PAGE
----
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The Student Loan Debt Bubble

The Student Loan Debt Bubble
By: Alan Nasser
LewRockwell.com

It was announced last summer that total student loan debt, at $830 billion, now exceeds total US credit card debt, itself bloated to the bubble level of $827 billion. And student loan debt is growing at the rate of $90 billion a year.

Read the full article @ LewRockwell.com

Below is a quick outline pasted from the article.

Crisis of Public Education Precipitates Private School Growth

Since the most common advise to the unemployed is to “get a college education,” and tuition at public institutions is at least half or less than private-school rates, public higher education institutions have been swamped with an influx of out-of-work adults. This has resulted in enrollment gluts at many state colleges. At the same time, tuition is increasing just when household income and hence the affordability of higher education are declining.

How Healthy Are Student Loans?

The extraordinary growth of student debt paralleled the bubble years, from the beginnings of the dot.com bubble in the mid-1990s to the bursting of the housing bubble. From 1994 to 2008, average debt levels for graduating seniors more than doubled to $23,200, according to The Student Loan Project, a nonprofit research and policy organization. More than 10 percent of those completing their bachelor’s degree are now saddled with over $40,000 in debt.

Financial Aid and the Federal Tilt to Private Schools

A higher percentage of students enrolled at private, for-profit (“proprietary”) schools hold education debt (96 %) than students at public colleges and universities or students attending private non-profits.

Government’s Bias Toward the Private Educational Sector

In 2009 President Obama initially pledged $12 billion in stimulus funds to help community colleges through the economic crisis. Last March that sum was slashed to $2 billion. The umpteenth example of a broken Obama promise.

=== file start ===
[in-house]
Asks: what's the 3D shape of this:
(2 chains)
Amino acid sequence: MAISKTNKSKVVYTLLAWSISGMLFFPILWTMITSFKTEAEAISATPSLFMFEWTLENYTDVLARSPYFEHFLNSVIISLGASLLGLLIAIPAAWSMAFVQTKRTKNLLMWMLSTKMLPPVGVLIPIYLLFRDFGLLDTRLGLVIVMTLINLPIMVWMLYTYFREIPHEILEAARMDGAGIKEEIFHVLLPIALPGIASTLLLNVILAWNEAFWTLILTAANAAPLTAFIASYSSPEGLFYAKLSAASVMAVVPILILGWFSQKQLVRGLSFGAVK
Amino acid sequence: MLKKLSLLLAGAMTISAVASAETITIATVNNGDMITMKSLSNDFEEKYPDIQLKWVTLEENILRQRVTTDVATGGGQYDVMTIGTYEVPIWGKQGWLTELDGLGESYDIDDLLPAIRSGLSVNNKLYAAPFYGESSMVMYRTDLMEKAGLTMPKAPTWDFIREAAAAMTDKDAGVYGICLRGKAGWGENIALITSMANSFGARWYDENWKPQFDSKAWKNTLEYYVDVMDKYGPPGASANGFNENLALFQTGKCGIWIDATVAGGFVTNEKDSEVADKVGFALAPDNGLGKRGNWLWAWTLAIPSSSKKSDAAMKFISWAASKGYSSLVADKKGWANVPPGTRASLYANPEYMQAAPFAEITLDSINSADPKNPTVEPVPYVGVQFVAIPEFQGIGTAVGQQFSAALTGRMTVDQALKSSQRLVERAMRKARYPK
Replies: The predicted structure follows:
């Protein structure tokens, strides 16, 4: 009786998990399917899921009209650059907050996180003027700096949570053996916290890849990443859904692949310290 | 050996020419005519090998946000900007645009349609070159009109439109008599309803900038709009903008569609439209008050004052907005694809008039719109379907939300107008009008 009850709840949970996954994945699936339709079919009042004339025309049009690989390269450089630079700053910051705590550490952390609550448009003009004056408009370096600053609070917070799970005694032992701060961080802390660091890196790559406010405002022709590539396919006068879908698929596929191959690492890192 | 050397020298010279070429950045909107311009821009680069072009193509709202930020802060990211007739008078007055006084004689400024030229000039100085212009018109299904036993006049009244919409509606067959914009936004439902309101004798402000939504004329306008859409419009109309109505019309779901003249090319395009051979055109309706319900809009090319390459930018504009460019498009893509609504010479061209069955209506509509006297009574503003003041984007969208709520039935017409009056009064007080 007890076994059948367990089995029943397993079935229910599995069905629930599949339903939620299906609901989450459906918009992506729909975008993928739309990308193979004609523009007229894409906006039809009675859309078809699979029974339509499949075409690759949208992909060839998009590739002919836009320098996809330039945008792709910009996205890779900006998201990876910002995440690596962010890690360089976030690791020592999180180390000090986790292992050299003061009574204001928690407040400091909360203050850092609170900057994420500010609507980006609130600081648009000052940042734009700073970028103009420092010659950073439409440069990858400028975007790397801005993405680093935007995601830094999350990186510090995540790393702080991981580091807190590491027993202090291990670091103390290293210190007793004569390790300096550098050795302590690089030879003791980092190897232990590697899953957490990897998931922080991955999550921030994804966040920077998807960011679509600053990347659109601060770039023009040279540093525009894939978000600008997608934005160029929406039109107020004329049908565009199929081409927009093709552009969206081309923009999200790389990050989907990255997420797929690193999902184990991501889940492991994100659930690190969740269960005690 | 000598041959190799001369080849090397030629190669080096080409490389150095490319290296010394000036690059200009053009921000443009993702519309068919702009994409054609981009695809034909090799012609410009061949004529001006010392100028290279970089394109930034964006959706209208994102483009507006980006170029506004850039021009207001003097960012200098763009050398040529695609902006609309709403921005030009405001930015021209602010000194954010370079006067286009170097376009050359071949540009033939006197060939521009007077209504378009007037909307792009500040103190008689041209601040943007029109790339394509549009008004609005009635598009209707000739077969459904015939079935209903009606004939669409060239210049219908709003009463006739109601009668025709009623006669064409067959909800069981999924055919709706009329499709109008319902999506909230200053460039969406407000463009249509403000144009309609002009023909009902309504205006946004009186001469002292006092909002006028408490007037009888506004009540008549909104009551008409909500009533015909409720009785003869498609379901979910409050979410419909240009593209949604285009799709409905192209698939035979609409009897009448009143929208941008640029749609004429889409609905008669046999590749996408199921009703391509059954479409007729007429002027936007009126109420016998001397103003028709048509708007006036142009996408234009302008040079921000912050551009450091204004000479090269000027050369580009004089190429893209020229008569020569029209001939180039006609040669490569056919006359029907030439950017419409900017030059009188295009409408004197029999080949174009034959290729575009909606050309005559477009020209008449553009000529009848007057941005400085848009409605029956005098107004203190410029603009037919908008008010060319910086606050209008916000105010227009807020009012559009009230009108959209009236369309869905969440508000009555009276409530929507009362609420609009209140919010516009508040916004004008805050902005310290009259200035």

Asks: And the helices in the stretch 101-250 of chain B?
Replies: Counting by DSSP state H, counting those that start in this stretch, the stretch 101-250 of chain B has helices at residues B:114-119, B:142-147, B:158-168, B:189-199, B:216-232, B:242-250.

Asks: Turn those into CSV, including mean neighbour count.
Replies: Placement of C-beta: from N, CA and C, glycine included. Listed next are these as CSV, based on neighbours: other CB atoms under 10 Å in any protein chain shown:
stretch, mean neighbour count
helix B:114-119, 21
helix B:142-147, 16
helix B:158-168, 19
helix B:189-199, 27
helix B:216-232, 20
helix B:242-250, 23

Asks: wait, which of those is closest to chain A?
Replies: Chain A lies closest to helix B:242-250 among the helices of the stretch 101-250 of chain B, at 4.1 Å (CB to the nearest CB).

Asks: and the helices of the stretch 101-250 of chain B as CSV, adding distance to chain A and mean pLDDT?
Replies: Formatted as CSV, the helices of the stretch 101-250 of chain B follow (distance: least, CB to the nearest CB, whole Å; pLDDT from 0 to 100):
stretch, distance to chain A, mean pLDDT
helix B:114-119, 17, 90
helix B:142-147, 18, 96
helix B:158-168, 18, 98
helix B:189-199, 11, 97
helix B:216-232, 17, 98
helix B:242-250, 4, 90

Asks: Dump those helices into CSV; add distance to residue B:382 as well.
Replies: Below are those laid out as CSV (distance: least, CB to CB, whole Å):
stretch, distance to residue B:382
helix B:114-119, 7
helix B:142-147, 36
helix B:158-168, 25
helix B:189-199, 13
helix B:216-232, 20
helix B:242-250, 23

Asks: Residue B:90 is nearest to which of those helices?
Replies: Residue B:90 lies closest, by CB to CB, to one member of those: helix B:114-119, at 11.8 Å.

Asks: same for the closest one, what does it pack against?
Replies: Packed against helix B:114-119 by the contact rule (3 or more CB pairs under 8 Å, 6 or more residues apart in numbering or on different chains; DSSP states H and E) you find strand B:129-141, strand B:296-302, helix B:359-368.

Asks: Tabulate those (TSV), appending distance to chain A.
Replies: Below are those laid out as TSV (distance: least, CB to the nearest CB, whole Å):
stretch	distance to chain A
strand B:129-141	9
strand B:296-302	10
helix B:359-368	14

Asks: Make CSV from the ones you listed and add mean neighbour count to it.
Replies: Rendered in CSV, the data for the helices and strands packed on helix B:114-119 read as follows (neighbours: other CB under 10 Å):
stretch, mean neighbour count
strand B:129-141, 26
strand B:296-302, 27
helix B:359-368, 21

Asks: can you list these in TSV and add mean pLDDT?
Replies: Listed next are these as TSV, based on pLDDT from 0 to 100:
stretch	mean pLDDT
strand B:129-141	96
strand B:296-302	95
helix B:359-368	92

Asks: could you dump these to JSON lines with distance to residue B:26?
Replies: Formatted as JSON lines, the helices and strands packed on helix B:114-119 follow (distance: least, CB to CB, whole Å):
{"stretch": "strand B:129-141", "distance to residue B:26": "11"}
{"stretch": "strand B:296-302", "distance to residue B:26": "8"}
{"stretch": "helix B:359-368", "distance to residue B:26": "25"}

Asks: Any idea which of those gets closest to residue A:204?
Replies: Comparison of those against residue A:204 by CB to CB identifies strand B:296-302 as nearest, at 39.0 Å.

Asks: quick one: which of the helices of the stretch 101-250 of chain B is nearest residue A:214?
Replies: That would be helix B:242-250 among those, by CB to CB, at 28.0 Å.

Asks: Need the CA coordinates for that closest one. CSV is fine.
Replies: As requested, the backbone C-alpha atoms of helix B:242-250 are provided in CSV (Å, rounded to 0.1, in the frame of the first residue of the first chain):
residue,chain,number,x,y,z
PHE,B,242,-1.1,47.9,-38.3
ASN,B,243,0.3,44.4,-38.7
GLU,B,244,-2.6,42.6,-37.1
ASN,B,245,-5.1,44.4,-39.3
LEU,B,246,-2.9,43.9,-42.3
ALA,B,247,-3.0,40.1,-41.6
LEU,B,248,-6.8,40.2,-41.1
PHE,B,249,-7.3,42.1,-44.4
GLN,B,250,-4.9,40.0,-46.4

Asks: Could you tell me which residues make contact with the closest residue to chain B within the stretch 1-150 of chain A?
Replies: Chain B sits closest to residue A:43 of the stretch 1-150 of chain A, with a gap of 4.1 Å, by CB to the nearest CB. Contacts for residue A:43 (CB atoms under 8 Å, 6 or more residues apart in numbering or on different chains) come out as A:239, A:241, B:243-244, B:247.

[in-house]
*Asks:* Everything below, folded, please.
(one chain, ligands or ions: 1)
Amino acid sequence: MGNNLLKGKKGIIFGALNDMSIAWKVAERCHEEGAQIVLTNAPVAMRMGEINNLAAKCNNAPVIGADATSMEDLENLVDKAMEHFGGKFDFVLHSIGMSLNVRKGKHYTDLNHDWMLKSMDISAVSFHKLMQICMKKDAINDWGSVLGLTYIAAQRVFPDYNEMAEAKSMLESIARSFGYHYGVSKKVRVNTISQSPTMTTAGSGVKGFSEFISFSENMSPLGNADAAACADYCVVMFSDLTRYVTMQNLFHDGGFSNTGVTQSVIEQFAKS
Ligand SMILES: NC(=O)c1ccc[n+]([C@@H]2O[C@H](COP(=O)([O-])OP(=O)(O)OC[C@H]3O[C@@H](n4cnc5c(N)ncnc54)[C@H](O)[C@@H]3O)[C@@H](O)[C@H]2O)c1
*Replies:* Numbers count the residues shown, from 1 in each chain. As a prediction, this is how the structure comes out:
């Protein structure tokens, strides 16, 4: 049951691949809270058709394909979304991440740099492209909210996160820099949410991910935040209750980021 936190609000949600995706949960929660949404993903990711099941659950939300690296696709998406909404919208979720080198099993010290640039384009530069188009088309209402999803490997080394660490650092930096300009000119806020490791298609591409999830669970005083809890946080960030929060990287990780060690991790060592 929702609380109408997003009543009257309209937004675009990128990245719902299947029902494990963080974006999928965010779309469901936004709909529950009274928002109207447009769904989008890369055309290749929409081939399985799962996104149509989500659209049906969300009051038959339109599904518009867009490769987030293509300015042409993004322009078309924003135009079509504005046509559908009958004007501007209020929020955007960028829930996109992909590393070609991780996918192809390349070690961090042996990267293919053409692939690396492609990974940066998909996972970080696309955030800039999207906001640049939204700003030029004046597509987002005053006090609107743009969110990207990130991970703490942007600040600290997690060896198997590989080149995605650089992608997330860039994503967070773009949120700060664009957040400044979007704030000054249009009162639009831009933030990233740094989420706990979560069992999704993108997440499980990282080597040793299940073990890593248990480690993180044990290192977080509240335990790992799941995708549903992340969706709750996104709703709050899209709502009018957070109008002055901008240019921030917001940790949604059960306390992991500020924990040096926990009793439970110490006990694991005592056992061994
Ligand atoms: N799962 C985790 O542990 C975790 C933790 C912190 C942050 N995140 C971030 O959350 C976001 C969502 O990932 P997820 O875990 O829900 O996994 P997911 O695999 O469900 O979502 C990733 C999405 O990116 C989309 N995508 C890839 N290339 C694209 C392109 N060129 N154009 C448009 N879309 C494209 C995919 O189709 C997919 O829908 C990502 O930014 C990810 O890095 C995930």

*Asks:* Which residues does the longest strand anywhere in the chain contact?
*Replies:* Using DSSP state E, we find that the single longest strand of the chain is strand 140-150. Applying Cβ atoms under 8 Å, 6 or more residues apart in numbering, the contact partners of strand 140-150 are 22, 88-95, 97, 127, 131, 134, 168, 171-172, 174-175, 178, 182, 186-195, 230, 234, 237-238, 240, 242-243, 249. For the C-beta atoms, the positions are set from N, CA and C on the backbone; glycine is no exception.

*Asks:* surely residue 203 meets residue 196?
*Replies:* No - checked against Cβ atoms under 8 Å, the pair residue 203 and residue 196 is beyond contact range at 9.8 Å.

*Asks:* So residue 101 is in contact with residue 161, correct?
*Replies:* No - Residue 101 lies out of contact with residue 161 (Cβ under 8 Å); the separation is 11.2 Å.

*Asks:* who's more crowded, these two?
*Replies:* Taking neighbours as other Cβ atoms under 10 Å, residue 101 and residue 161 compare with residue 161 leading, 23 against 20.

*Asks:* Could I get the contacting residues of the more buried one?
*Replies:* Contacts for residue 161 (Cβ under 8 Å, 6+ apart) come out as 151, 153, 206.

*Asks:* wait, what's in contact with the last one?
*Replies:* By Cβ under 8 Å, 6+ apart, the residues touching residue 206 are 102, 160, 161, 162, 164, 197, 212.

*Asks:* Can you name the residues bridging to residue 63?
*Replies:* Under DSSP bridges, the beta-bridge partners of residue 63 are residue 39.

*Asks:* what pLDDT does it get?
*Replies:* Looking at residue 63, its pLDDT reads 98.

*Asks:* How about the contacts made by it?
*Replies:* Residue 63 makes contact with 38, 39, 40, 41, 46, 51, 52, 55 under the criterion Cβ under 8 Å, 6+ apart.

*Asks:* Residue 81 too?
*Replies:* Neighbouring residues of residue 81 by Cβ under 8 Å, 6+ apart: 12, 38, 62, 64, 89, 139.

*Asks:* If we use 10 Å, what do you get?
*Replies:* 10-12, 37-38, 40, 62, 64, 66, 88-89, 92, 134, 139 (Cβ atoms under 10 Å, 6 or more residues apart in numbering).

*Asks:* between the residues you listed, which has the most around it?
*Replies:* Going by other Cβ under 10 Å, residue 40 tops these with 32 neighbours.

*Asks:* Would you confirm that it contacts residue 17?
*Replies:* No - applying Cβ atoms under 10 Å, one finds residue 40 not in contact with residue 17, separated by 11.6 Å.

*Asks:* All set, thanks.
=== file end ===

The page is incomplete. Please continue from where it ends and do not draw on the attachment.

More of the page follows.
The Track Record of For-Profit Colleges

The track record of for-profit colleges does not justify their disproportionate share of government largesse.

Proprietary Schools and the Military

Proprietary schools target the military market with an aggressive and highly successful marketing campaign. For-profit colleges are the destination of high numbers of active duty and recently discharged military personnel. Data from the US Army and Defense Department show that the University of Phoenix is the third largest receiver of education funding from the US Army.

THE PRIVATE LENDERS: SECURITIZATION AS USUAL

The two largest holders of student loans are SLM Corp (SLM) and Student Loan Corp (STU), a subsidiary of Citigroup. SLM -Sallie Mae- was originated as a Government Sponsored Enterprise (GSE) in 1972. The idea was to prime it for eventual privatization. In 1984 the company began trading on the New York Stock Exchange under the ticker symbol SLM. In 2002 Sallie Mae shed the its GSE status and became a subsidiary of the Delaware-chartered publicly traded holding company SLM Holding Corporation. Finally, in 2004 the company officially terminated its ties to the federal government.

THE WORST-CASE SCENARIO: GOING BANKRUPT

Credit card and even gambling debts can be discharged in bankruptcy. But ditching a student loan is virtually impossible, especially once a collection agency gets involved. Although lenders may trim payments, getting fees or principals waived seldom happens.

THE FIRST AUSTERITY GENERATION’S JOB PROSPECTS

Most of those affected by the meltdown of 2008 had completed their education and were either employed or retired. The student loan debt bubble signals a generation that enters the work of paid work cursed with what is more likely than not to be a life of permanent indebtedness and low wages.

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